f3eb2ff8-1958-4106-b55d-d807ff94f09eAs a diehard and inveterate Android user, it pains me to admit this, but my recent experience with the Windows 10 Technical Preview, and a dip back into Windows 8, reminded me just how good the onscreen handwriting implementation of the basic Windows OS is. This has been baked in to Windows 8 from the beginning, and was implemented in the tablet versions of Windows well before Microsoft, Apple or the rest of the world started to take tablets seriously. I was using a Fujitsu tablet with an active digitizer back in the mid-2000s, in Hong Kong, and the handwriting recognition technology was already good back then. It’s only got better in the interim.

The Microsoft onscreen tablet keyboard is resizeable. It can be anchored to the bottom of the screen or dragged around as a floating pane. Its handwriting panel is one touch away, and smooth and elegant when you do open it. Google has just introduced its own Google Handwriting Input keyboard app – ten years after Microsoft had a pretty mature version of the same input method running.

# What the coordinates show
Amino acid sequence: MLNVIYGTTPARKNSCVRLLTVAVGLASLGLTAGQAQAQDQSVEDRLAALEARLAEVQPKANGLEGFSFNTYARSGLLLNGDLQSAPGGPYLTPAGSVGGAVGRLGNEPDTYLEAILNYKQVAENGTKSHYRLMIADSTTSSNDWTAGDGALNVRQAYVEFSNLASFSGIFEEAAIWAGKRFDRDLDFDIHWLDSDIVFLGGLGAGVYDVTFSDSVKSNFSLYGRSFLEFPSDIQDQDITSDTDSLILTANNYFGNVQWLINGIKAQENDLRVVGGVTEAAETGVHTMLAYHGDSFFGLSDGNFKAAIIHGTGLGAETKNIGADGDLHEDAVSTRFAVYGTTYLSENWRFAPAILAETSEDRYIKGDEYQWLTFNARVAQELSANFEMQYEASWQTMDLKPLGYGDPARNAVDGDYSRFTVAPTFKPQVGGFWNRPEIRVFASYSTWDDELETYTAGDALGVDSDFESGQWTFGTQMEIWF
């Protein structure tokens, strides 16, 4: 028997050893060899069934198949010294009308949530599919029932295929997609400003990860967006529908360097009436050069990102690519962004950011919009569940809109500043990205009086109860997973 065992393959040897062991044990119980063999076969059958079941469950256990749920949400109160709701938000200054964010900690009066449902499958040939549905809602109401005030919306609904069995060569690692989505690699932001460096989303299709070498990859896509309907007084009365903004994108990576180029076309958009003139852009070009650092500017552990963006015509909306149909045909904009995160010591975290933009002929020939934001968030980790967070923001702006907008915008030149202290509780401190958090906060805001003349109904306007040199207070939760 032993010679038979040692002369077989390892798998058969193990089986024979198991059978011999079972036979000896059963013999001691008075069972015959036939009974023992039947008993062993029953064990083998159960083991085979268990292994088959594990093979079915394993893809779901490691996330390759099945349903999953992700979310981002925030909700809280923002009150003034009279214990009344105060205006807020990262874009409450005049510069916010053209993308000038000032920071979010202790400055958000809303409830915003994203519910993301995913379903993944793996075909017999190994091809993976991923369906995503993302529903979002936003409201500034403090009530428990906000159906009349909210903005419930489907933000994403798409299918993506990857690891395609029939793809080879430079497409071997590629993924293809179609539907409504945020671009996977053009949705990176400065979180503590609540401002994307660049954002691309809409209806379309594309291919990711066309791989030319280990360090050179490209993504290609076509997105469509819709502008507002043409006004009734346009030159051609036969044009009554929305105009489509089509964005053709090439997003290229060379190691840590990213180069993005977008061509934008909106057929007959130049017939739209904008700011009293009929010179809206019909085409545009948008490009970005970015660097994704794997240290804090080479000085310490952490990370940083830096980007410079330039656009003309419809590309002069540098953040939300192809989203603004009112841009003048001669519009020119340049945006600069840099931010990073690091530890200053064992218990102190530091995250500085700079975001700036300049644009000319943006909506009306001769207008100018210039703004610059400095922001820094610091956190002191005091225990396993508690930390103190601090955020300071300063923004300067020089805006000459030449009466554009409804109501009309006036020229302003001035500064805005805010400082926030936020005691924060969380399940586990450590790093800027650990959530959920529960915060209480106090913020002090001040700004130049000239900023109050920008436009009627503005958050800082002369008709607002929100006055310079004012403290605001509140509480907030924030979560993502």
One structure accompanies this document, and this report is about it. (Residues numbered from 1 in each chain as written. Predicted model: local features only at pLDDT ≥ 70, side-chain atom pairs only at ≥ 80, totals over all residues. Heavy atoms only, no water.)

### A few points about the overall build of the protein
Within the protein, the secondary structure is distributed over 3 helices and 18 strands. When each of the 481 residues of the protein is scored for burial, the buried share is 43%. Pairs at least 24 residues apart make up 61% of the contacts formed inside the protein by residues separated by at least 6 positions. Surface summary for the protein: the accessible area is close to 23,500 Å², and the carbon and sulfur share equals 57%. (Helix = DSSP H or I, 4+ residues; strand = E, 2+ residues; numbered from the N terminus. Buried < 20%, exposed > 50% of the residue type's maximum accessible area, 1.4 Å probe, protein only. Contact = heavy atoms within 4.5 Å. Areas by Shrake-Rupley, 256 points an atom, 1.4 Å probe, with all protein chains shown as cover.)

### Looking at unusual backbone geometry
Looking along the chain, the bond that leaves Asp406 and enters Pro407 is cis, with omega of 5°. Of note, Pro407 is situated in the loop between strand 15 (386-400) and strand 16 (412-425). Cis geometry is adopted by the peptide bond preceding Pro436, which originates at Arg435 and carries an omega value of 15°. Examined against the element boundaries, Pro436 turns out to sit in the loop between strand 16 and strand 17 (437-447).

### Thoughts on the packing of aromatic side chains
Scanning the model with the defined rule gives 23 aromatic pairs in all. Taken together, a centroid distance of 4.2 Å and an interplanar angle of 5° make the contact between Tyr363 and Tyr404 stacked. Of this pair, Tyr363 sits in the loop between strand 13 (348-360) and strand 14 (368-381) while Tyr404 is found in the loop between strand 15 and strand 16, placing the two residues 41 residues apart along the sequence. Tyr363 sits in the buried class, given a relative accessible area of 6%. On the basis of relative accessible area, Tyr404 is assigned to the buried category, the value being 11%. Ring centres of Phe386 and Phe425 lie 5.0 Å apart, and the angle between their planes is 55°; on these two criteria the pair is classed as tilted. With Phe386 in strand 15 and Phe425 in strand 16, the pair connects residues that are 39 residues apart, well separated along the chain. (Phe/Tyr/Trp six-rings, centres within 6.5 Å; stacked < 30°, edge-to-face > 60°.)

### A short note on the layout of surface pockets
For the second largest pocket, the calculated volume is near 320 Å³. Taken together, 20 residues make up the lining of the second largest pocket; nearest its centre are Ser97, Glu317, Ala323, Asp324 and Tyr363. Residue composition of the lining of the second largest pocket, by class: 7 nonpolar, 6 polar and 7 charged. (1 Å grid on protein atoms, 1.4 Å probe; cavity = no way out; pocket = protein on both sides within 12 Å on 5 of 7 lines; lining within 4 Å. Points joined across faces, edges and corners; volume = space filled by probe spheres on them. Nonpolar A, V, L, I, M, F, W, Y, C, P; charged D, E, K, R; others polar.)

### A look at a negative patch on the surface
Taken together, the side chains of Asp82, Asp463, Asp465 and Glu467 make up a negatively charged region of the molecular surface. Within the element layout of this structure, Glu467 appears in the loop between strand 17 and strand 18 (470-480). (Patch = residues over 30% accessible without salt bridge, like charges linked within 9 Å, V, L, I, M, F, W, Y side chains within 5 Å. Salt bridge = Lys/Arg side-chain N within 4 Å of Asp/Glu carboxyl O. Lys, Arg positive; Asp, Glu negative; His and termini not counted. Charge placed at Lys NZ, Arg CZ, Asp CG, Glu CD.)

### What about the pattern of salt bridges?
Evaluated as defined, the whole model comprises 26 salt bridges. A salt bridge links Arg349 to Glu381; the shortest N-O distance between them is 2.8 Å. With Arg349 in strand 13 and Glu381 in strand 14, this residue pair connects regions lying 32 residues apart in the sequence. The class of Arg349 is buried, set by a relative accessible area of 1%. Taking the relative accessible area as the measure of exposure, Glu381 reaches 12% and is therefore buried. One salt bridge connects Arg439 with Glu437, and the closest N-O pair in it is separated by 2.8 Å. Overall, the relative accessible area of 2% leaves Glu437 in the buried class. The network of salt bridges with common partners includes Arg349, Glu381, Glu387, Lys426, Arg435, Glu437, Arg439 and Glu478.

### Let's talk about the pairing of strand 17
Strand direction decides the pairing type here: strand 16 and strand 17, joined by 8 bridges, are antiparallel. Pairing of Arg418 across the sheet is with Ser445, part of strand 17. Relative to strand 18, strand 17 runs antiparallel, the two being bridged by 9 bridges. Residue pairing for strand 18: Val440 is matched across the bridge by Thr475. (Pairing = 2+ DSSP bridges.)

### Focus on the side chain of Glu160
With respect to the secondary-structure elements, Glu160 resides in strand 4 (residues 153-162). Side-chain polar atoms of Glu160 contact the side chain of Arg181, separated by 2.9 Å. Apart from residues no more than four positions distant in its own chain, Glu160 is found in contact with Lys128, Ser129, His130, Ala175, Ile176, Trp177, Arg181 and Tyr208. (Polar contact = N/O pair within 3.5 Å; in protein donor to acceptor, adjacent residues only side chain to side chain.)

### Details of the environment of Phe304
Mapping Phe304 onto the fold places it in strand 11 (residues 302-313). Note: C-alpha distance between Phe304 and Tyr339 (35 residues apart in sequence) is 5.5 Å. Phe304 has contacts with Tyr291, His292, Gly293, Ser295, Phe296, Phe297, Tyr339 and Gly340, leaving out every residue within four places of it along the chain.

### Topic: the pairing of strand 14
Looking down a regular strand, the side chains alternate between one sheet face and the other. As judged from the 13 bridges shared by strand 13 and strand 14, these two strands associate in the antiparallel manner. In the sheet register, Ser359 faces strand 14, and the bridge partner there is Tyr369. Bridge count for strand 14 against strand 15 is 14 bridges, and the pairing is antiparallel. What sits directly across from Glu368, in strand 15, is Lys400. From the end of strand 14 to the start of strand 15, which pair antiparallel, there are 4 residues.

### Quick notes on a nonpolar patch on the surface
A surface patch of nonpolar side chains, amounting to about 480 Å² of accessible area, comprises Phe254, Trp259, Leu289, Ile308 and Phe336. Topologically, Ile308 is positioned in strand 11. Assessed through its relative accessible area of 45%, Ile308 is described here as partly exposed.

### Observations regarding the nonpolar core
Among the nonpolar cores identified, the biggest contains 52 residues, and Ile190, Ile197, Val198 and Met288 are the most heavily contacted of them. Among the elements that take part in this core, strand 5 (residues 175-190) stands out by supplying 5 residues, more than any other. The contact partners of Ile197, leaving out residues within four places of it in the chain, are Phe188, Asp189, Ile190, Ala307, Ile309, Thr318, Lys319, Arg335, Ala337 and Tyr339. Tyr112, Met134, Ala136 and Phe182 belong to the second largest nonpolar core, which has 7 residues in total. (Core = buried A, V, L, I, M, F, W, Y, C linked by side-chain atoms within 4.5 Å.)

Windows 8 has hardly been the world’s best-loved OS, but Windows 10 seems on track to address many of its worst deficiencies. It also is designed to slot into thin tablets and other small form factor devices, while offering a full OS experience. For those who need that kind of functionality, it’s going to be harder and harder to justify the compromises in a mobile OS if the full Monty can fit into the same size platform.

And as to devices that can match the size and specs of generic Android tablets, Chris Meadows reported a great experience even with the $79 HP Stream 7. At those price levels, I’m seriously tempted.


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